2022 Micki Mackenzie Awardee and ceramicist Ilana Fonariov tells us about some of her thoughts and experiences as she goes through her practice and education journey at Selkirk School of Arts. Ilana will be sharing her story through our blog, ‘in craft’; check back for more updates!
Consider : a word I’ve been hearing a lot from my teacher and one that I have adopted into my own artistic practice as it perfectly embodies my journey and what I set out to do here in the ceramics program at the Selkirk School of the Arts.
“I let slip the opportunities to dive into luke-cold water in the heat of the day. I didn’t have time to consider.
I just made like a mad woman.“
I came to Selkirk with a modest production background. I spent the summer working long hours to meet commission deadlines and to ensure my tables at the local market (as well as my backup stock underneath it) was always full. Life outside of production was sparsely squeezed in.. I let slip the opportunities to dive into luke-cold water in the heat of the day. I didn’t have time to consider. I just made like a mad woman.
And then, with the support of the Micki Mackenzie Bursary Award, I came to Selkirk and I was asked to consider.
It started in the first week, when I was taken back to the basics: cylinders. That’s where most pottery forms begin and throwing one with consistent walls and consistent bottoms is not only a foundational skill, but also not as easy as it seems, even for a practiced potter. Getting all of the clay from the very bottom of the vessel while maintaining its structural integrity defines the challenge.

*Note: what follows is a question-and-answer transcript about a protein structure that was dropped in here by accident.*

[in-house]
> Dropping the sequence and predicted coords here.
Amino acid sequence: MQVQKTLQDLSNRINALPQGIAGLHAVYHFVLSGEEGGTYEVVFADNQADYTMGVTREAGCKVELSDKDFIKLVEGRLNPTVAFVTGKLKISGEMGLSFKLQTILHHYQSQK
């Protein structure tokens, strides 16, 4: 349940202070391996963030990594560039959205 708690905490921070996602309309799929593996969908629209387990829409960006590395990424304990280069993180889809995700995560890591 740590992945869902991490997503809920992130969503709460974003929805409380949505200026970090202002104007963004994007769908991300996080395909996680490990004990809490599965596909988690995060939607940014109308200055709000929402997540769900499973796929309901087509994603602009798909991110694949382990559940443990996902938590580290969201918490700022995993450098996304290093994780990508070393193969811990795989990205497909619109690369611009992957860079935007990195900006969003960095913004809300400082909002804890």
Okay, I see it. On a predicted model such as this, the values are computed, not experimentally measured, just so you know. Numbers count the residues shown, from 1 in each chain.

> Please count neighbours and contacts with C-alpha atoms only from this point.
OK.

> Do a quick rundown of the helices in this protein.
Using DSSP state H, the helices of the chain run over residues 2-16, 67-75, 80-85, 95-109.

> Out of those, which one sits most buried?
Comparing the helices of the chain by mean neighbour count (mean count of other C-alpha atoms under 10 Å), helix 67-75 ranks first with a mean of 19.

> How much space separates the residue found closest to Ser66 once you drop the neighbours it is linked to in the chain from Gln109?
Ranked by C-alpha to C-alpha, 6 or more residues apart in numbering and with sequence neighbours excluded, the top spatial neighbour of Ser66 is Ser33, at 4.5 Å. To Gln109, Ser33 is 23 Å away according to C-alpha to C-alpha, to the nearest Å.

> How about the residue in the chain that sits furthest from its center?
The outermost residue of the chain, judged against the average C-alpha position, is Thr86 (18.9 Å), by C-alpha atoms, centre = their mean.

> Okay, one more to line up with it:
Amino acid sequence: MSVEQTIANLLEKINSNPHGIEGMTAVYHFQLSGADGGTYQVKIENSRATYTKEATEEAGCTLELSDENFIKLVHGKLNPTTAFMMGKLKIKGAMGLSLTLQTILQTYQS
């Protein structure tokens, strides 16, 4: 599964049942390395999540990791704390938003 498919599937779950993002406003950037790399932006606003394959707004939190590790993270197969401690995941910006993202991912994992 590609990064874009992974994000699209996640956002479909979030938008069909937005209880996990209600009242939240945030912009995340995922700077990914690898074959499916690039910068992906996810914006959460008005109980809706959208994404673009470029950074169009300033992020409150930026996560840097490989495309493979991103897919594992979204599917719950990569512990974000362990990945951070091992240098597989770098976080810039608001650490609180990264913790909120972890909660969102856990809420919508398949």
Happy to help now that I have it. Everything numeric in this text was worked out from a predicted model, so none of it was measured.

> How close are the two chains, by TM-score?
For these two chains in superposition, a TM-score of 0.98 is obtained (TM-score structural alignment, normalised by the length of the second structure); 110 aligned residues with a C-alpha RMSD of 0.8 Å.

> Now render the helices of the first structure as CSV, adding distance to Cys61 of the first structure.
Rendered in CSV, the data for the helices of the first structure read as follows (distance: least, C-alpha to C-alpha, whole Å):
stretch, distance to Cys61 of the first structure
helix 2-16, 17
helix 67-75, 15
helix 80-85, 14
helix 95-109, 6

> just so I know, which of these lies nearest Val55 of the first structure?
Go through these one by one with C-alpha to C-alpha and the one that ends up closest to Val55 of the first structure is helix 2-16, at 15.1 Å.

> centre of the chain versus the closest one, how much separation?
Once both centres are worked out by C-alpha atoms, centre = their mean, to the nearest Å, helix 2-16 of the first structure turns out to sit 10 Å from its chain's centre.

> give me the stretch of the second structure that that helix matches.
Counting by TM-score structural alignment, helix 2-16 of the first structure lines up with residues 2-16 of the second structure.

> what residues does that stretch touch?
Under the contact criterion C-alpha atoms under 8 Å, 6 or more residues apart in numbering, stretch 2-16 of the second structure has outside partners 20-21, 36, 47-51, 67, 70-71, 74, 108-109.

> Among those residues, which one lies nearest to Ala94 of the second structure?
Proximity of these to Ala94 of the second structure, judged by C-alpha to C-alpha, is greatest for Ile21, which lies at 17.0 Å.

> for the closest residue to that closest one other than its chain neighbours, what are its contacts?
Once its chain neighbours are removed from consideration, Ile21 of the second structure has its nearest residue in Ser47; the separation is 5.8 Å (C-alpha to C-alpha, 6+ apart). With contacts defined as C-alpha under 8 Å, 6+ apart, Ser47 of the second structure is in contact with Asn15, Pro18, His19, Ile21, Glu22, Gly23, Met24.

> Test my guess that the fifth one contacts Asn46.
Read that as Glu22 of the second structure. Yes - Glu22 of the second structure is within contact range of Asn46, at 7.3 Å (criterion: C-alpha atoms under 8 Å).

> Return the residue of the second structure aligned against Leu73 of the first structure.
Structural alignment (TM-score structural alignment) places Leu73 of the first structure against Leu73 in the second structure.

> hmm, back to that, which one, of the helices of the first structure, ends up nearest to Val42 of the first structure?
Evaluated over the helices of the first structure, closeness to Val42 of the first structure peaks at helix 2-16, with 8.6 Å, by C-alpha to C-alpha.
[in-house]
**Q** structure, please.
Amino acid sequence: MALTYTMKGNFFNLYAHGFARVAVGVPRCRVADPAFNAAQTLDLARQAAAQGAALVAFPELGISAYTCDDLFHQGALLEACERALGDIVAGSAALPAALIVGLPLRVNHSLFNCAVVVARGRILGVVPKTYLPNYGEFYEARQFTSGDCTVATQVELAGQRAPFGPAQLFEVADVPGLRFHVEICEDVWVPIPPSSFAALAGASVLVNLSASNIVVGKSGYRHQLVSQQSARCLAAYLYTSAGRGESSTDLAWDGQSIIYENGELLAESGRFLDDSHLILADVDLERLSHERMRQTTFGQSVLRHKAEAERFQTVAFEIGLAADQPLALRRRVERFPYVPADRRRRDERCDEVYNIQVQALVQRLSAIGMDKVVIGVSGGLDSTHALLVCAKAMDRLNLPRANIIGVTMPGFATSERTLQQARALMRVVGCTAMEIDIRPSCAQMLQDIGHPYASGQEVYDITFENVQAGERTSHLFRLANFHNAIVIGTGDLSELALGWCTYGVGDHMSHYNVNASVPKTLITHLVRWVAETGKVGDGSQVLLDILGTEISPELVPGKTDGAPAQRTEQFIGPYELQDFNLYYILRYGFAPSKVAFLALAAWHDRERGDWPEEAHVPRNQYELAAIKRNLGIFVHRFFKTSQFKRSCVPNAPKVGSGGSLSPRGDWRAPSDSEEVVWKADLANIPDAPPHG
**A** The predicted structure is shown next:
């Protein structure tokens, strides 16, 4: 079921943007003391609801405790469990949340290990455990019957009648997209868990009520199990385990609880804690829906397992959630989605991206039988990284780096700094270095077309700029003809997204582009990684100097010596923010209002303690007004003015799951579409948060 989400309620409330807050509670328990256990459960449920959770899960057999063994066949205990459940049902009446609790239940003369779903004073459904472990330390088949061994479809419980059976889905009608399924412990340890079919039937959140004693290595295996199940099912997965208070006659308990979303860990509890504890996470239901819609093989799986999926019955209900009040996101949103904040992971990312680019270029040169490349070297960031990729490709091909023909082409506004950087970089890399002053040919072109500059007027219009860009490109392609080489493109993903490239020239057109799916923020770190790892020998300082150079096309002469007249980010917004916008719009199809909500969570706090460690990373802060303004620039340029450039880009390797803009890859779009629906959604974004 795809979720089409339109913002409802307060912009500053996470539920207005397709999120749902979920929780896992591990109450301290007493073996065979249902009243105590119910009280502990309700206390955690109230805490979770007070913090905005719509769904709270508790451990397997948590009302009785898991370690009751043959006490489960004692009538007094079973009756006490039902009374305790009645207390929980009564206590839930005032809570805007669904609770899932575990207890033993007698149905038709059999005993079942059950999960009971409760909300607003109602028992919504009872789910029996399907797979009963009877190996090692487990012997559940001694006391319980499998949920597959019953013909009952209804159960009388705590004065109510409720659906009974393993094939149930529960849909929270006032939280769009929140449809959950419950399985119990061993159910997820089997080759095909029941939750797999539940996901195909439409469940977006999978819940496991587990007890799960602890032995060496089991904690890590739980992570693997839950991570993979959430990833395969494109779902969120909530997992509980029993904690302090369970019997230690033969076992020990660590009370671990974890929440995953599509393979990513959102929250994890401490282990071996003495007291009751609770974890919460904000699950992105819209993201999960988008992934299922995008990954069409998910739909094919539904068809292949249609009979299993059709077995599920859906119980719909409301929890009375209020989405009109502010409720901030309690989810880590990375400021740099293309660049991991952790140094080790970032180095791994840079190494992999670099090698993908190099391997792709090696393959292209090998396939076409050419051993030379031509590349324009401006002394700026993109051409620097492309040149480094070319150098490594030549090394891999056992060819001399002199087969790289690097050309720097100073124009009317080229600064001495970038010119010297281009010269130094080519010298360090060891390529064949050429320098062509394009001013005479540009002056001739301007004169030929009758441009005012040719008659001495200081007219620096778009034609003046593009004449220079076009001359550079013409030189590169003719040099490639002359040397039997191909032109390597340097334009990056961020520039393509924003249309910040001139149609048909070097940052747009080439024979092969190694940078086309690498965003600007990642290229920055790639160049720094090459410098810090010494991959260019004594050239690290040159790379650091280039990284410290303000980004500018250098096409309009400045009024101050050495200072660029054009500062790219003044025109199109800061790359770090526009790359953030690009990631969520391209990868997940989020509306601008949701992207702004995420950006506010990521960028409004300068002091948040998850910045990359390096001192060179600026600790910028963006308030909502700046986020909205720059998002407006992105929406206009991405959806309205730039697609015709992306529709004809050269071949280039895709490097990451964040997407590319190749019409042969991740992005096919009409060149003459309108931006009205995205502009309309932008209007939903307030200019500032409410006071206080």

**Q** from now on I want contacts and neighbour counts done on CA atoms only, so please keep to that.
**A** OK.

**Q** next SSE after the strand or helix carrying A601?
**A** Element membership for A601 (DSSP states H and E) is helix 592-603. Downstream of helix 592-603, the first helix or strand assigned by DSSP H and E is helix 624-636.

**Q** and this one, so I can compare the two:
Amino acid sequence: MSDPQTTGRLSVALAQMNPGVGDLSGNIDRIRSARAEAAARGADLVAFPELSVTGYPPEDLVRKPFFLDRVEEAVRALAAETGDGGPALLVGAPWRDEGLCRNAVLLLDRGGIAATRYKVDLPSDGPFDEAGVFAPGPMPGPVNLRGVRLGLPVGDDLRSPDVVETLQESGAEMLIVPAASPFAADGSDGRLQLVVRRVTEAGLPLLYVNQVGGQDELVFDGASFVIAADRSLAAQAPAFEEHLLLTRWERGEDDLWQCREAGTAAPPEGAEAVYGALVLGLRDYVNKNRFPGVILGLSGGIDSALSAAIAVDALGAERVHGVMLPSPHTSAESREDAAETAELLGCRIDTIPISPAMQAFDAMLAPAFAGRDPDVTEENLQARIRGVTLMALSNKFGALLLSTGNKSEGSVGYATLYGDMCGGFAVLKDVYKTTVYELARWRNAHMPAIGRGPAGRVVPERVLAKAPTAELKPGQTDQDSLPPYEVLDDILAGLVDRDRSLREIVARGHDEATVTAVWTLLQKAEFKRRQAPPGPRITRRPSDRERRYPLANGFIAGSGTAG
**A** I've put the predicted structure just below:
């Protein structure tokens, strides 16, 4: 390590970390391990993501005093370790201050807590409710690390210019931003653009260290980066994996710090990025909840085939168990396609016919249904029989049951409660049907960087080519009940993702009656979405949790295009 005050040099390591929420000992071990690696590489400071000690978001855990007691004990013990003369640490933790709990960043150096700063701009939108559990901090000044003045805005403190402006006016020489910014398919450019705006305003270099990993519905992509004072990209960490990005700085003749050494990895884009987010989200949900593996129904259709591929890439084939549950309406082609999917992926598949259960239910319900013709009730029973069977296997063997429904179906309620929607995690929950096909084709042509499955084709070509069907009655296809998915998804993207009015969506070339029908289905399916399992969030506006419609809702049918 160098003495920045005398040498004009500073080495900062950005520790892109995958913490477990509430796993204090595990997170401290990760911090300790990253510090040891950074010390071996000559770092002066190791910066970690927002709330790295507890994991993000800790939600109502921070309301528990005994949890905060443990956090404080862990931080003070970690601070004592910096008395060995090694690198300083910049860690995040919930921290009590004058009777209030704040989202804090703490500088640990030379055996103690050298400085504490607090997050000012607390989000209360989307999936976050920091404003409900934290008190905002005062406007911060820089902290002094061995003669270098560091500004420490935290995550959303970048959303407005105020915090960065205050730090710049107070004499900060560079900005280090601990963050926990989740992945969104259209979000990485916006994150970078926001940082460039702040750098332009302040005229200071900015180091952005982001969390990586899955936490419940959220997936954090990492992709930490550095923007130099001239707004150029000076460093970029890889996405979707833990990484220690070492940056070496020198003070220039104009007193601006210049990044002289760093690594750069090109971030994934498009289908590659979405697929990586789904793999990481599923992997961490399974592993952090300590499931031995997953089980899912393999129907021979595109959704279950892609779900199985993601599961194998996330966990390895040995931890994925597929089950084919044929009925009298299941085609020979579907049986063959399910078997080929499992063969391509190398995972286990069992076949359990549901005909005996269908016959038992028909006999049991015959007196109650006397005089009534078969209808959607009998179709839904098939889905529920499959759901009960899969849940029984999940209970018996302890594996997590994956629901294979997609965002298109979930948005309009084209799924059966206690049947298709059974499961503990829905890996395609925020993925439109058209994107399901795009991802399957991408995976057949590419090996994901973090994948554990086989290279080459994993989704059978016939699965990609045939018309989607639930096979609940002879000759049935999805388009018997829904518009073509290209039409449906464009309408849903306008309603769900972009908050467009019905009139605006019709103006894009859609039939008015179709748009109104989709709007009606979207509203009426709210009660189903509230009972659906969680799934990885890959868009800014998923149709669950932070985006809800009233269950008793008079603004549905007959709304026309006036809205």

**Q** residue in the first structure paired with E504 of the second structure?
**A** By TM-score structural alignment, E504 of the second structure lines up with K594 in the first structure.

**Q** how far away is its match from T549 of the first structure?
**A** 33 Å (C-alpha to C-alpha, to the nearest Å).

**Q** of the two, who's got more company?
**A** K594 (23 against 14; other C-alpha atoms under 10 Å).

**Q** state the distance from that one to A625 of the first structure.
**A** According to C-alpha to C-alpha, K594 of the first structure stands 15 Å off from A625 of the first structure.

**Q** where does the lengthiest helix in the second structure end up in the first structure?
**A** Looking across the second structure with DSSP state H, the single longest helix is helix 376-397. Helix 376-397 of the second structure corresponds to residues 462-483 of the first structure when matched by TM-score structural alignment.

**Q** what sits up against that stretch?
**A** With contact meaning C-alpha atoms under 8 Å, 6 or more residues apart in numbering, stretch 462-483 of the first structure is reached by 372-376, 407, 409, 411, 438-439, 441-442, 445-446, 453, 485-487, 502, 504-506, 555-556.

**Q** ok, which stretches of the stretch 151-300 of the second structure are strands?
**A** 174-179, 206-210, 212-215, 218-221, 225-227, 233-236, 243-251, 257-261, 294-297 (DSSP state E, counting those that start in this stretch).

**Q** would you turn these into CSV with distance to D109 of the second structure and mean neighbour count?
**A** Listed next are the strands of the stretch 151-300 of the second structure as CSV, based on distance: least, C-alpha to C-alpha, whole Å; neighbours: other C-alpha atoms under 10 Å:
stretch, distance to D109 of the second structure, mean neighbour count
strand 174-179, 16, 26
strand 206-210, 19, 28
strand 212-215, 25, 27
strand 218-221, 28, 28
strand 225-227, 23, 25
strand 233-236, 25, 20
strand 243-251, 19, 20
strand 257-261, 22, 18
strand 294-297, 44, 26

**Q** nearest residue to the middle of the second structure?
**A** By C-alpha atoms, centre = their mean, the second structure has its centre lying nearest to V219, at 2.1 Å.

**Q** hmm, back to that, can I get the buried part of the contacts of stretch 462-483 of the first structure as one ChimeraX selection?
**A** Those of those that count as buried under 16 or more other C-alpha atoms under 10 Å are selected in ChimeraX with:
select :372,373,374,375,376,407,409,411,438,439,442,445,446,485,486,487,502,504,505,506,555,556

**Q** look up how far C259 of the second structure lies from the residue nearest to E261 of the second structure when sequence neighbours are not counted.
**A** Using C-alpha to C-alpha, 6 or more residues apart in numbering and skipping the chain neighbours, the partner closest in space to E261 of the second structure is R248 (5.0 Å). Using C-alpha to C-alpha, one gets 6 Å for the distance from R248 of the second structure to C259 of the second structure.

In most situations, this is remedied by what is called “trimming,” whereby one cuts the excess clay off the vessel, often just the bottom, once the form is dry enough. It’s a way to rid the extra weight that can’t be distributed along the form. Some forms necessitate this, like bowls and plates, but a skilled potter looking to be efficient in her craft need not do this on the elemental cylinder or its various iterations.
It’s a skill I have always wanted to develop, but my “always need to be making” mindset got in the way of me honing my competence. I recognize that I even told myself that it wasn’t possible to make the shapes I wanted without trimming and not have them feel bottom heavy. Denial is a great way to avoid taking responsibility for growth.
But I came to school to challenge myself. So I ended up making over 400 cylinders in my first few weeks, smashing most of them to reclaim the clay so I could keep trying until I reached my goal; and when I did, I couldn’t help but boast.
“Look! Come feel this,” I directed a classmate and handed her a straight cylinder as well as a round cup I hadn’t trimmed. We both ‘ooo-ed’ and ‘aww-ed’ at the lightness until I got bashful for boasting and got back to my wheel.
The next step was to transform these drinking vessels into mugs by adding handles. A handle plays an integral role in shaping the personality of a mug. Here again I had to consider. Consider placement, shape, size; consider apex and curve. Consider function versus or alongside form. Think carefully and be intentional: that’s what it means to consider.
Consider the surface too.
That’s where glazing comes in, and in our glaze class, our teacher asked us to send him three photos of surfaces that appealed to us.
“Think about what you like and why you like it,” he told us.